Great Britain had to end their Davis Cup season prematurely with a hugely disappointing loss to the Netherlands in Glasgow.
Wednesday’s loss to the USA had seen Britain beat the Netherlands and likely Kazakhstan too, but Sunday’s competition will now be a meaningless match after Andy Murray and Joe Salisbury again came out on the wrong side of a dramatic crucial doubles game.
Instead, it’s the Dutch, with their small group of orange-clad fans, and the Americans, who, after two wins from their first two games each, can celebrate their place in the round of 16 in Malaga in November.
Britain had to bounce back after being ousted by the USA very late on Wednesday night and they got off to a perfect start as Dan Evans defeated Tallon Griekspoor 6-4, 6-4.
But Cameron Norrie then performed poorly, going down 6-4, 6-2 to Botic Van De Zandschulp and Murray and Salisbury were beaten 7-6 (0), 6-7 (6) by Wesley Koolhof and Matwe Middelkoop. , beaten 6-3 despite the Emirates Stadium crowd’s best effort to convince their home hero in his 50th Davis Cup game.
Murray was knocked down again against Neal Skupski, who reached the men’s doubles final with Koolhof at the US Open last week, and he and Salisbury got off to a great start with a Middelkoop break of serve in the opening game.
But they couldn’t hold the lead and the Dutch pair played an inspired first tiebreak.
The second tie-break was filled with drama as Great Britain saved a match point and then, thanks to a helpful net line, got the first set point.
Players, team and fans celebrated happily but they were yet to win the decider and after missing chances at 3-3, Salisbury gave up serve in the next game, leaving Koolhof to dish out the win.
Captain Leon Smith has never had greater strength at his disposal, but with these selection dilemmas he has to reflect on the most disappointing week of his long and hugely successful captaincy, especially given Britain’s home field advantage.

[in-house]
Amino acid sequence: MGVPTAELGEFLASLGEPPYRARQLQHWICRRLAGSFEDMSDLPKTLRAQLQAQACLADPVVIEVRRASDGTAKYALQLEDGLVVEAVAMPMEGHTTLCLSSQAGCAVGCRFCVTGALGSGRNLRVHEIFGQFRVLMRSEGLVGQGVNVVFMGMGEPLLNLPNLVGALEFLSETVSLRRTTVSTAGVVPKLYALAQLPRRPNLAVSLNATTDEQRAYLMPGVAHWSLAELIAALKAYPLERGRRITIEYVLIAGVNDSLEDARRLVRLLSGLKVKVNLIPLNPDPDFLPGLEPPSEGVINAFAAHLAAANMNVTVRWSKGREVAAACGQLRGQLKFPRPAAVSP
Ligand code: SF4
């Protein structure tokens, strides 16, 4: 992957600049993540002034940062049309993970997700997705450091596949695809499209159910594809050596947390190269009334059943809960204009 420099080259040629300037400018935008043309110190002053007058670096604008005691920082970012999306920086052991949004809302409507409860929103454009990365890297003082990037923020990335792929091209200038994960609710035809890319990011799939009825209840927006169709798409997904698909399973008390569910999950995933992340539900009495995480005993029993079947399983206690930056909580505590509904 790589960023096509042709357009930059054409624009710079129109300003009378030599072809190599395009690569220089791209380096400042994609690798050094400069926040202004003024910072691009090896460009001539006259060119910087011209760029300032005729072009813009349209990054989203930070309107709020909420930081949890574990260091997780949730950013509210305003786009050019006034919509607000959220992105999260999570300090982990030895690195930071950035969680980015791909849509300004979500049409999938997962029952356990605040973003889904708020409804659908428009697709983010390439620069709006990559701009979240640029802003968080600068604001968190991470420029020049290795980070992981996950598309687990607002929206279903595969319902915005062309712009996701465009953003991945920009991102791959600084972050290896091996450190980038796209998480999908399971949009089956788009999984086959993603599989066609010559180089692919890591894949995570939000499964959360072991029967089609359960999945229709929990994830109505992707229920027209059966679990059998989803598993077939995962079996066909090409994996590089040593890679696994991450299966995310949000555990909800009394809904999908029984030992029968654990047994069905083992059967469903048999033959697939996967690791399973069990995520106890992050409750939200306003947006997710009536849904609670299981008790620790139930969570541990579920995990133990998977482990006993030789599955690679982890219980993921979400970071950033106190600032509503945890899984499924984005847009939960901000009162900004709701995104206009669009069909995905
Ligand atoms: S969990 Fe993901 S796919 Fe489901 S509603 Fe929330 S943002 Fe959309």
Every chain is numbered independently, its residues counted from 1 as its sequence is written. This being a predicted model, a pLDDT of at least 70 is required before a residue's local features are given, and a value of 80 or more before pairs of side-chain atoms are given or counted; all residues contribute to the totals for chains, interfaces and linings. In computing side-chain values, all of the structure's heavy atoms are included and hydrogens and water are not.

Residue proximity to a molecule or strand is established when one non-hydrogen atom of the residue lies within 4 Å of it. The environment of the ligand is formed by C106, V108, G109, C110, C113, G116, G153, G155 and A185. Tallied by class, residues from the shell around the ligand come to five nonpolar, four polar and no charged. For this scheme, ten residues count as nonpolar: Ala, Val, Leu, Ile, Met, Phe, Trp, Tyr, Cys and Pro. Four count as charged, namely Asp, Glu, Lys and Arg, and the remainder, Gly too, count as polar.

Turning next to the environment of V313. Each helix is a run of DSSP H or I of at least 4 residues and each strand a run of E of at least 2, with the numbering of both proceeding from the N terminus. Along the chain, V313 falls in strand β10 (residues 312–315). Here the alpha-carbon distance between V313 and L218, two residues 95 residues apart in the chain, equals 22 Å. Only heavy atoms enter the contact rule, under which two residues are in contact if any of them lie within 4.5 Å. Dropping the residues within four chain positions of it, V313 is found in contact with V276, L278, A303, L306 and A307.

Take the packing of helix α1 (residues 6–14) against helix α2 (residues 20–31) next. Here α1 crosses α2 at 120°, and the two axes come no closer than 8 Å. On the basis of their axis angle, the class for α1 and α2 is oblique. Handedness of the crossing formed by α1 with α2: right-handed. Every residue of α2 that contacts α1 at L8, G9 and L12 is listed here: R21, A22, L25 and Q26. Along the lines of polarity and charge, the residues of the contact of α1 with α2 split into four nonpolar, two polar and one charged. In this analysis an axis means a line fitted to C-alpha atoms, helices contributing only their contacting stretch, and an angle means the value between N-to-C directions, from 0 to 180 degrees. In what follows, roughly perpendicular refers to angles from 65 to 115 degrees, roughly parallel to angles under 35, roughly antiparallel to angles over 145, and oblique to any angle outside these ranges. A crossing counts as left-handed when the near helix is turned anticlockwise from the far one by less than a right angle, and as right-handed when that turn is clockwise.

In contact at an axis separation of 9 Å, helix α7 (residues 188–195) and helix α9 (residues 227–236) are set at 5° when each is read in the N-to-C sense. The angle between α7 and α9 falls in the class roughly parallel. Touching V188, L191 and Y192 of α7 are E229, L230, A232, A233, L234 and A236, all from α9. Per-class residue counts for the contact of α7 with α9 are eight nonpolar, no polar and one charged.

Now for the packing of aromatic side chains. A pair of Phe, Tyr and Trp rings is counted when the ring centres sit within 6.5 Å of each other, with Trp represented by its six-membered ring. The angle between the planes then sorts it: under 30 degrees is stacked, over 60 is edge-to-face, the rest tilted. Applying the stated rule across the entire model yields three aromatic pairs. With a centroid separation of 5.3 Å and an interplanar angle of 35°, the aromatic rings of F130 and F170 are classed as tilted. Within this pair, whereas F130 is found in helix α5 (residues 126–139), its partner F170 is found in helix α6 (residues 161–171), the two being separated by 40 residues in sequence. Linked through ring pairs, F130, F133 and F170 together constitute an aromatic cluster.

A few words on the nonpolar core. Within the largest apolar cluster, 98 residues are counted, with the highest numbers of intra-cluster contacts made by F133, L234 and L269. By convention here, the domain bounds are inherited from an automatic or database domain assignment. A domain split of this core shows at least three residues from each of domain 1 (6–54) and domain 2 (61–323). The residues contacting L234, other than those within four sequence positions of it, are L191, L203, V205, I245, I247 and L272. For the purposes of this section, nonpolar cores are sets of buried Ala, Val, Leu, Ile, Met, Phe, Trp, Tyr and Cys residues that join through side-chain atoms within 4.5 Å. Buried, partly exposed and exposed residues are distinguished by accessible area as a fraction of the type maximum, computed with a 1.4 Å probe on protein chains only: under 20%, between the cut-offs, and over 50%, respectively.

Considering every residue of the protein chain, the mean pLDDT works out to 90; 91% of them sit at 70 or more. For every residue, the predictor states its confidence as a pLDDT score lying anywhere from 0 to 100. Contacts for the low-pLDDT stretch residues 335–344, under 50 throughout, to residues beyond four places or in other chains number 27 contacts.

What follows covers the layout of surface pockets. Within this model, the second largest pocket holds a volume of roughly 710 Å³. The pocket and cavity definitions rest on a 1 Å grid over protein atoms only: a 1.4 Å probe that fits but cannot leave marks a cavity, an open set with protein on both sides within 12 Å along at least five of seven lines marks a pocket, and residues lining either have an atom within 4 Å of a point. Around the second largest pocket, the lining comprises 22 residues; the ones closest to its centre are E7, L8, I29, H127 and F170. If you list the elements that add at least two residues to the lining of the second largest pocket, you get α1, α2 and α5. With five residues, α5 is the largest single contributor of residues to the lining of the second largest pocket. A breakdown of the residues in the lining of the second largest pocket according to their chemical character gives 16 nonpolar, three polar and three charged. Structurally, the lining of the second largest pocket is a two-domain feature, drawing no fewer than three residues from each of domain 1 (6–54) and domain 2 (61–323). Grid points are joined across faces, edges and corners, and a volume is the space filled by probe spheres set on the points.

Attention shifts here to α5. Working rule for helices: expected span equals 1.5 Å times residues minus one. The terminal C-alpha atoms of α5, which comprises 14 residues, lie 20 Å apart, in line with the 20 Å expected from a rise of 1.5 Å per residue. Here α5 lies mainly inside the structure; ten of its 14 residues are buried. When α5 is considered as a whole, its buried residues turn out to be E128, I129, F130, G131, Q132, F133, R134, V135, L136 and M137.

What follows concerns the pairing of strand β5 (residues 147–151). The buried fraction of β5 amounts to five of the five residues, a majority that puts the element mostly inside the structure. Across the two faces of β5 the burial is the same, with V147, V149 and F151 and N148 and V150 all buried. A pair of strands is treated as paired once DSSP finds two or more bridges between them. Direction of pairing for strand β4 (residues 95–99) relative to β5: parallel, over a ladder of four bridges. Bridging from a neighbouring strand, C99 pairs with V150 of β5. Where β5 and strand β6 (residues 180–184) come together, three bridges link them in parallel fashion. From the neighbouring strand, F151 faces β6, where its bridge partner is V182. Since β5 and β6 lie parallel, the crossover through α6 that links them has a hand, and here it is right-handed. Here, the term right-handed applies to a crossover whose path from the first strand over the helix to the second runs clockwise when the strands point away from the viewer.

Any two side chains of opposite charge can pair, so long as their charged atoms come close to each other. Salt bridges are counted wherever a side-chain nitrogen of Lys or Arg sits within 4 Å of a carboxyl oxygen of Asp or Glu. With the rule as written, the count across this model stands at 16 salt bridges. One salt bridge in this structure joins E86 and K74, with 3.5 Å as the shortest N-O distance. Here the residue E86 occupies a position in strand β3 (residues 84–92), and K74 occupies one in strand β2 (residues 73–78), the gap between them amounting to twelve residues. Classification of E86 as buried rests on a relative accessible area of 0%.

They are set to host a group stage in the next four years, but only if they qualify among the top 16 nations, which likely means they win a play-off in early 2023 because they certainly can’t expect another wild card.
Norrie had worked his way through to a win over Taylor Fritz on Wednesday but this time couldn’t recover from a poor start against a player he easily beaten in Montreal last month.
The world number eight struggled to find his game on the very slow Glasgow course and was second best throughout against Van De Zandschulp, who served 13 aces.
Norrie said: “He was better than me. I just gifted him two service games. He didn’t really have to do much to end up breaking me. That’s not a player on my leaderboard, and that’s me on a really bad day.
“I was really impressed by Botic and his level. Especially last time I played a very clean match on my serve and gave him absolutely nothing. That’s what he did to me today.”
Evans, who lost a high-profile duel with USA’s Tommy Paul, didn’t have everything in his own way against Griekspoor but played a very solid match, breaking serve once in every set.
The British number two said: “It was a good match. I played well. More of a game where you just focus on really getting through and getting a win.
“I knew I was obviously playing better than him, the higher-ranked player in the match. I just had to put my game on the pitch, make sure I was focusing at the right moments and putting pressure on him.”
Elsewhere, Carlos Alcaraz’s first game as world number one in Spain-Canada in Valencia ended in a three-set loss to Felix Auger-Aliassime.
The 19-year-old maintained his commitment to playing on home soil despite winning his first Grand Slam title at the US Open just five days ago.
Australia and Germany progressed in Hamburg thanks to the hosts’ victory over Belgium, while Italy are on pole in Group A after beating Argentina.